Free appeals against A-level and GCSE grades for schools in England

14 August 2020, 23:36

Secretary of State for Education Gavin Williamson said it would be a "shocking injustice" if cost stopped appeals being made
Secretary of State for Education Gavin Williamson said it would be a "shocking injustice" if cost stopped appeals being made. Picture: PA

By Megan White

Schools in England will be able to appeal against A-level and GCSE grades free of charge, according to the Education Secretary.

Gavin Williamson said it would be a "shocking injustice" if cost stopped appeals being made on behalf of pupils with a "strong and legitimate" case.

His announcement came amid further criticism of the Government's handling of the exams system, after thousands of pupils in England had their results downgraded.

Read more: Worcester College at Oxford accepts all students with offers amid A-level chaos

Protesters gathered outside Downing Street on Friday chanting for Mr Williamson to be sacked, a call echoed by some opposition MPs.

But Prime Minister Boris Johnson insisted that he has confidence in Mr Williamson and described the system as "robust".

Conservative MPs voiced concerns about the process used by exam regulator Ofqual to moderate A-level results, with Sir Robert Syms suggesting the Westminster Government may have to follow Scotland's lead if the appeals procedure failed to deal with the issues.

The SNP-led administration at Holyrood opted to allow results estimated by teachers to be accepted.

Greater Manchester Mayor Andy Burnham also said he is considering a legal challenge against Ofqual over the "unfair" A-level results process, given the impact on pupils in his region.

Outlining how the Government did not want to deter schools from appealing, Mr Williamson told the Times: "I do not want a youngster to feel they are in a situation where there is a strong and legitimate case for grounds for appeal, but an appeal is not made on grounds of cost.

"That would be a real, shocking injustice.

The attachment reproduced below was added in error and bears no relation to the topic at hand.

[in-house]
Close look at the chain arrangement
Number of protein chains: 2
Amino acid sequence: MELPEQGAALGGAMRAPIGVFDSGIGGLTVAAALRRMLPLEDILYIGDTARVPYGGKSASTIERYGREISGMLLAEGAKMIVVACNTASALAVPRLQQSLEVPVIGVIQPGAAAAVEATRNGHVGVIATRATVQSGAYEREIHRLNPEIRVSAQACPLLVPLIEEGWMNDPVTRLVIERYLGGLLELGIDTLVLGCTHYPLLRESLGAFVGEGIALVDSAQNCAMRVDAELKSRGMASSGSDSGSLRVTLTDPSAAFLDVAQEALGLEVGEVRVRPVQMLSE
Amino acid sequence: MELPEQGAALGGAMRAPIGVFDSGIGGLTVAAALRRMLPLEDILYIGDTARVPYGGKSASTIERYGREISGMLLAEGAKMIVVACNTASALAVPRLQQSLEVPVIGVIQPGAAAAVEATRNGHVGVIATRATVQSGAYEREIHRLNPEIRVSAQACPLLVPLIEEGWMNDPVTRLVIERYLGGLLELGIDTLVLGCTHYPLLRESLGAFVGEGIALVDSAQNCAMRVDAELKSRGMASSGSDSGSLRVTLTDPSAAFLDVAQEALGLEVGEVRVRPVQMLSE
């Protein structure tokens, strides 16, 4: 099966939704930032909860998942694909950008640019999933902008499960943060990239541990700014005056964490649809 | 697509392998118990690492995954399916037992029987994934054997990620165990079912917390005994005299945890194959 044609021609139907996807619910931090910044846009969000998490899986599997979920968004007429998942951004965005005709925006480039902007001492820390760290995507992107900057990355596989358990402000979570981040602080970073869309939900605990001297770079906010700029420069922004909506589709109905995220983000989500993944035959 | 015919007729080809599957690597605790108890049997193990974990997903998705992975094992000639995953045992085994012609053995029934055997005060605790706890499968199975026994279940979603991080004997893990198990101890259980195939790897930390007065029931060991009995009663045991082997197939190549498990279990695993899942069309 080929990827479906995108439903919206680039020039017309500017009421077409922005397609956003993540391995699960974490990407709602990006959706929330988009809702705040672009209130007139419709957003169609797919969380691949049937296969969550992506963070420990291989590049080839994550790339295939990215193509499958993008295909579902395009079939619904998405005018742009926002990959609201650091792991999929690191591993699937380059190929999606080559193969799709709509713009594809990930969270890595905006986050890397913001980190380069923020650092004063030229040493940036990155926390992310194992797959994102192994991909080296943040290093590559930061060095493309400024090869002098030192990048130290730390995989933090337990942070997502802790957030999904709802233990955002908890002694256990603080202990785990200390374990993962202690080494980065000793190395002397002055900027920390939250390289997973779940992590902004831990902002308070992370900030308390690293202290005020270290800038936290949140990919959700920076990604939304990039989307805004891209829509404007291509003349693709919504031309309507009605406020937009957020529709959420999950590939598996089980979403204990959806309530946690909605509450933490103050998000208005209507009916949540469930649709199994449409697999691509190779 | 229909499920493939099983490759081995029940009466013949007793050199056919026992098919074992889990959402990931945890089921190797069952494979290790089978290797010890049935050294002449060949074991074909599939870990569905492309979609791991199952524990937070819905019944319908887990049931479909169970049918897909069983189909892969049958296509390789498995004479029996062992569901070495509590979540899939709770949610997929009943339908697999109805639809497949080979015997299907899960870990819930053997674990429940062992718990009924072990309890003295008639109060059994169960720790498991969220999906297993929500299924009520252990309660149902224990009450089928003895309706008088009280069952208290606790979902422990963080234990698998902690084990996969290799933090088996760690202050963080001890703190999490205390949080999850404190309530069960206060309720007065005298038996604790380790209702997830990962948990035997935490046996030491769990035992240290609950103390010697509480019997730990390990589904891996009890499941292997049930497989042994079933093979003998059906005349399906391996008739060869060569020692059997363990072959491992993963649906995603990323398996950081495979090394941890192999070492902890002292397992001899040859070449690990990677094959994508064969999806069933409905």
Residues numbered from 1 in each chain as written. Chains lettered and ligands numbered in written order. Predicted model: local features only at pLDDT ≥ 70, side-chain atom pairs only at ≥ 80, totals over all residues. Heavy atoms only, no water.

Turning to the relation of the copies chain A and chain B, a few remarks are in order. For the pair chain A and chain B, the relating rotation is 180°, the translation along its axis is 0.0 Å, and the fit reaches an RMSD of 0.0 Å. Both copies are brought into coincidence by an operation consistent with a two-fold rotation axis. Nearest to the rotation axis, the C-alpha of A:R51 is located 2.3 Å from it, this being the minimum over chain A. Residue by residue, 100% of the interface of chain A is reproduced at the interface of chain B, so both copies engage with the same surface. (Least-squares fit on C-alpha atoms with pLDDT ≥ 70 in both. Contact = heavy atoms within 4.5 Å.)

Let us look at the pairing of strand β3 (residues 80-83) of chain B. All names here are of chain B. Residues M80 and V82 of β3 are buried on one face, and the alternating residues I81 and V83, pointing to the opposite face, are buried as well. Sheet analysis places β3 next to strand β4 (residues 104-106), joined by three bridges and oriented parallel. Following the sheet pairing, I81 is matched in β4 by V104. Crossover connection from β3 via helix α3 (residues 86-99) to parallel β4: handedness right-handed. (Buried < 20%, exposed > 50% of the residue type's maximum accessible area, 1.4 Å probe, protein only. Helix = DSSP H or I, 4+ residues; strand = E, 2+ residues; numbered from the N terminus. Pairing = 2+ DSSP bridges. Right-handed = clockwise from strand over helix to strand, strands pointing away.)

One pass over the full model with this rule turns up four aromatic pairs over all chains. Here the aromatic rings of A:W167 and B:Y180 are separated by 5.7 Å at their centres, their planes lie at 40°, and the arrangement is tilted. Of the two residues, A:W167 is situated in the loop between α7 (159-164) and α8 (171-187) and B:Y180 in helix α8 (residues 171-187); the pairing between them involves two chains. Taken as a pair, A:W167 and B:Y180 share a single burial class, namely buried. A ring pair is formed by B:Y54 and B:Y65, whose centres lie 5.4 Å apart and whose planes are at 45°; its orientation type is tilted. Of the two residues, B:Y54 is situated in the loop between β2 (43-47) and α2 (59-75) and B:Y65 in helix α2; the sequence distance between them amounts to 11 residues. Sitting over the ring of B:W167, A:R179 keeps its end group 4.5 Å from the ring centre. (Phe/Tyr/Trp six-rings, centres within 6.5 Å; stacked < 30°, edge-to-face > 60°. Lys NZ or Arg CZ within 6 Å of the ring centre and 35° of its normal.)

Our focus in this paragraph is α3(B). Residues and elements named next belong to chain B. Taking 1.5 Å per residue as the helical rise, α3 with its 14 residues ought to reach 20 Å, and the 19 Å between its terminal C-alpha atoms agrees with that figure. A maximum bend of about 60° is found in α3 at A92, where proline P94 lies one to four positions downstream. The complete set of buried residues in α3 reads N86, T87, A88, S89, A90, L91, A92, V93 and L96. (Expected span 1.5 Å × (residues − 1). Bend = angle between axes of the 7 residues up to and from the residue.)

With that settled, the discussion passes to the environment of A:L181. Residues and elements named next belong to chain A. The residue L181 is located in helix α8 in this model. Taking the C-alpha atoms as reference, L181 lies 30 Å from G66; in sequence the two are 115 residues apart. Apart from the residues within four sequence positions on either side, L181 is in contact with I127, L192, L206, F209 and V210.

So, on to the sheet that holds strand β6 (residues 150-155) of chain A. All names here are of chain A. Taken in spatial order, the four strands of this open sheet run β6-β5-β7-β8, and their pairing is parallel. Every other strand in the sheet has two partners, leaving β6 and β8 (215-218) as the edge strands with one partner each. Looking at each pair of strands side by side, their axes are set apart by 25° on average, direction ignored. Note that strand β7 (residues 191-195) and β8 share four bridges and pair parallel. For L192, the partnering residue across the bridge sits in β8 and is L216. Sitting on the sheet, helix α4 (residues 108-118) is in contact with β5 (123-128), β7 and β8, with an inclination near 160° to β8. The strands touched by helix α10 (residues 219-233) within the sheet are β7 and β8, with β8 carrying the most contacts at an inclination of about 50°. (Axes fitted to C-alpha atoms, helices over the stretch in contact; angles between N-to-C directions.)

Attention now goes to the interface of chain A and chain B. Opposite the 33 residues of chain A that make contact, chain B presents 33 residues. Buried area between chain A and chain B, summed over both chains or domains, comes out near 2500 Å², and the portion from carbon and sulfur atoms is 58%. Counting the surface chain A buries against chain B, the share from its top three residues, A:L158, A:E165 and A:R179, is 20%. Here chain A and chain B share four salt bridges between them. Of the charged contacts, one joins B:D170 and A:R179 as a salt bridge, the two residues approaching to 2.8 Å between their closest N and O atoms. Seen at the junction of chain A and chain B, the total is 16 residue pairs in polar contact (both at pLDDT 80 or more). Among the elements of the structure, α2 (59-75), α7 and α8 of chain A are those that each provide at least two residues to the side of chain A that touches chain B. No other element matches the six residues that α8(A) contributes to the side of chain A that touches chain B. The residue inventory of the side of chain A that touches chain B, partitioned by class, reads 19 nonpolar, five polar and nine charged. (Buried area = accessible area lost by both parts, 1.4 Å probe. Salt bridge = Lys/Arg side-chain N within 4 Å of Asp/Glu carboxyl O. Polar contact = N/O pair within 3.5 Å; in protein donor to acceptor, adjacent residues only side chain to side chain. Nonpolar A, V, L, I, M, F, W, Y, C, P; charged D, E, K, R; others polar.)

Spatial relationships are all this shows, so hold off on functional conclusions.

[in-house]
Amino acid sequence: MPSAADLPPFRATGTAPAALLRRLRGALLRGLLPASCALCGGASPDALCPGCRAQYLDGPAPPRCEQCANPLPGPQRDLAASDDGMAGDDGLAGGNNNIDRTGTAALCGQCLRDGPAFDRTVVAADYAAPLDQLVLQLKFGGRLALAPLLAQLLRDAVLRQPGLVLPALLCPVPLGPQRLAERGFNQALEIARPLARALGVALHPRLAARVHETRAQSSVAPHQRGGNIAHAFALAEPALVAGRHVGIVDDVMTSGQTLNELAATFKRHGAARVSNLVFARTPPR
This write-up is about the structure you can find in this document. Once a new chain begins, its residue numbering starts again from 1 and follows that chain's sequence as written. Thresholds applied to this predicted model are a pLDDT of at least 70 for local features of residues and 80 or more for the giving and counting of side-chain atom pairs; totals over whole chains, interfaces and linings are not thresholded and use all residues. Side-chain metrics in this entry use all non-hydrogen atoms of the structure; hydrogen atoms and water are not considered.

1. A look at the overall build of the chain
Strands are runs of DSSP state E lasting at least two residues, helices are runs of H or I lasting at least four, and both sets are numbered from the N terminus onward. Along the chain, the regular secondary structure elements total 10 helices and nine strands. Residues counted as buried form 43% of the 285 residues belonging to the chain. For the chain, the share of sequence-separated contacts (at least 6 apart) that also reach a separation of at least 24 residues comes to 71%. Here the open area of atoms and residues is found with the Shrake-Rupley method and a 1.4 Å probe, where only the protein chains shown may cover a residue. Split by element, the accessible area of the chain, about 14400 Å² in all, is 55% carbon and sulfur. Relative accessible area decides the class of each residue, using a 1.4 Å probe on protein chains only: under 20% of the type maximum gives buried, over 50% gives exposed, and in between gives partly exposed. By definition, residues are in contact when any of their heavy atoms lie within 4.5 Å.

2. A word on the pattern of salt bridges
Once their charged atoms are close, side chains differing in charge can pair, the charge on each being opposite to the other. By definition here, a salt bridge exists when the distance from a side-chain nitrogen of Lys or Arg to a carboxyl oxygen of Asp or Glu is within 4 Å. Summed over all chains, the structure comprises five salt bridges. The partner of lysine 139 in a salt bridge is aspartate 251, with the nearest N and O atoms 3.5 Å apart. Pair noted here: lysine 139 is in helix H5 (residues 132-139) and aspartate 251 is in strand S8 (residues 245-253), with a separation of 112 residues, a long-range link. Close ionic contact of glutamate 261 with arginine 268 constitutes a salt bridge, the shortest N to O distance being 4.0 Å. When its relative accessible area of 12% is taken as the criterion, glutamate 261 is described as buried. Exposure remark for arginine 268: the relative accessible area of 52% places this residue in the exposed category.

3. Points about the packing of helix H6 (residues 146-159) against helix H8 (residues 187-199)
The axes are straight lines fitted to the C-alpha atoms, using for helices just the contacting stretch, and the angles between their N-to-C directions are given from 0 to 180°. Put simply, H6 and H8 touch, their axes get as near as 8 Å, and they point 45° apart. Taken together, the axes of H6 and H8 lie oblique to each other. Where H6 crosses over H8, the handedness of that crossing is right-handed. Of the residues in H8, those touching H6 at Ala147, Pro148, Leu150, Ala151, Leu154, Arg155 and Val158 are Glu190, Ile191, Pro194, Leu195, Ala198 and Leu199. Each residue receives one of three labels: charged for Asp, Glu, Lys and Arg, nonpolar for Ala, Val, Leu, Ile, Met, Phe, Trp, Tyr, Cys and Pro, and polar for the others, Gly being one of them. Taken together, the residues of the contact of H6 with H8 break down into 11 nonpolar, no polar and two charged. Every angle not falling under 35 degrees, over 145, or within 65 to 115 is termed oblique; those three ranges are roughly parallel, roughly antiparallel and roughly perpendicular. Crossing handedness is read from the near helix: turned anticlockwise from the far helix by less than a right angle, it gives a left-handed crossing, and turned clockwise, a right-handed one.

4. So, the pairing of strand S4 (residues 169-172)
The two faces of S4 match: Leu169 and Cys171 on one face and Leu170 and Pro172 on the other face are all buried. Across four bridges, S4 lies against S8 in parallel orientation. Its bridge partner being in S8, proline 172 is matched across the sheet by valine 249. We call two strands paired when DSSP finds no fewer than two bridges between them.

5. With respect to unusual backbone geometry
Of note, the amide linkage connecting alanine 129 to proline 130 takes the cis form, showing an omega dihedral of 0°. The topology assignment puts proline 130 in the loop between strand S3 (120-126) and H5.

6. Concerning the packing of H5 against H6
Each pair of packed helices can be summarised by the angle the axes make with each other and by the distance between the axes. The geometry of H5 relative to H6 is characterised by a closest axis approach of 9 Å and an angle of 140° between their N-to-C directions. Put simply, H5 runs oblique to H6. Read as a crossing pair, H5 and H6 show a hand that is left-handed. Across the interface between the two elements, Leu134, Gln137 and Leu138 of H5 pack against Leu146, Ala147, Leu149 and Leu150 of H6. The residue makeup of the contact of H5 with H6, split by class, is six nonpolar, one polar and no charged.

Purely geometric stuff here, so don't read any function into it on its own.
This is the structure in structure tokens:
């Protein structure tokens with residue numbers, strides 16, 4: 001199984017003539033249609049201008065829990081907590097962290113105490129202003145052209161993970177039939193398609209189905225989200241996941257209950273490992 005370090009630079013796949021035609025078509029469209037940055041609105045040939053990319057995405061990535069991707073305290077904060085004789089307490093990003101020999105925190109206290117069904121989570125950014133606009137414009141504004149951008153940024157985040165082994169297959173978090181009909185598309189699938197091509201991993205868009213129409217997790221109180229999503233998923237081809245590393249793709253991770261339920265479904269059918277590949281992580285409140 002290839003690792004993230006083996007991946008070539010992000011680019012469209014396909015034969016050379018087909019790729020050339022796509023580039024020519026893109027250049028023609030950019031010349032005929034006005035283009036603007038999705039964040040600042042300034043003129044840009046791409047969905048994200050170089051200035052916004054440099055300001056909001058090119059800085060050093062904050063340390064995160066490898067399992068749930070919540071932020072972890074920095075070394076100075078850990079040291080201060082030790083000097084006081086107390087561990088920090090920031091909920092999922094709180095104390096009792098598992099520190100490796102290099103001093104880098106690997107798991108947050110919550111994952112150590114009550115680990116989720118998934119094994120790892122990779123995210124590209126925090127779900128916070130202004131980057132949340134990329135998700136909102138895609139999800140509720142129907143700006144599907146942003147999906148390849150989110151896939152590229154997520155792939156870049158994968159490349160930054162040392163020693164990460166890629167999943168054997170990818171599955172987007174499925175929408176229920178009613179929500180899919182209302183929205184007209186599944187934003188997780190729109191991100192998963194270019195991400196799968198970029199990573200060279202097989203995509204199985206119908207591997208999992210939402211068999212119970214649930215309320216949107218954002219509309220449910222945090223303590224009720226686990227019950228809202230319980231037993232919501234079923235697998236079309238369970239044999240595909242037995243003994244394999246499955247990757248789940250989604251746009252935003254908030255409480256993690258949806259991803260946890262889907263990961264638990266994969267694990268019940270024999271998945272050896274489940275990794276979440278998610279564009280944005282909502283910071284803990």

A Level students protest outside Downing Street
A Level students protest outside Downing Street. Picture: PA

"You will have obviously a large number of appeals. But I would rather have a strong, robust fair appeals process that makes sure that youngsters get the grades that they deserve as against being in a situation where there is an injustice that carries on."

Mr Williamson again said there would be "no U-turn" on the grading system, claiming this would "severely erode" the value of qualifications and lead to grade inflation.

Robert Halfon, the Conservative chairman of the Commons Education Committee, earlier expressed concern that Ofqual's model to moderate A-level results penalised disadvantaged students.

He called on the regulator to publish details of the algorithm it used to make its calculations.

"I am worried about it because some figures suggest that disadvantaged students have been penalised again," he said.

"I am also worried about further education colleges, because they have been improving in recent years and yet they seem also to have suffered under this grading system.

"If the model has penalised disadvantaged groups this is very serious and if it has disadvantaged colleges that has to be looked at. Ofqual will have to adjust the grades."

Ofqual has said that a "rare few centres" put in "implausibly high judgments", and said that an appeals process is in place to correct any mistakes.

Shadow education secretary Kate Green warned there could be a "deluge" of appeals from students unhappy with their A-level results.

She said it may prove impossible to get them all processed in time for students to take up their university places.

Liberal Democrat education spokeswoman Layla Moran called for Mr Williamson to step down from his role with immediate effect.

She said: "Gavin Williamson is an education secretary out of his depth and out of excuses. He must take responsibility for his mistakes and step down with immediate effect.

"Our young people and our country cannot afford these blunders to continue into September, ahead of a potential second wave."

Comments

Loading...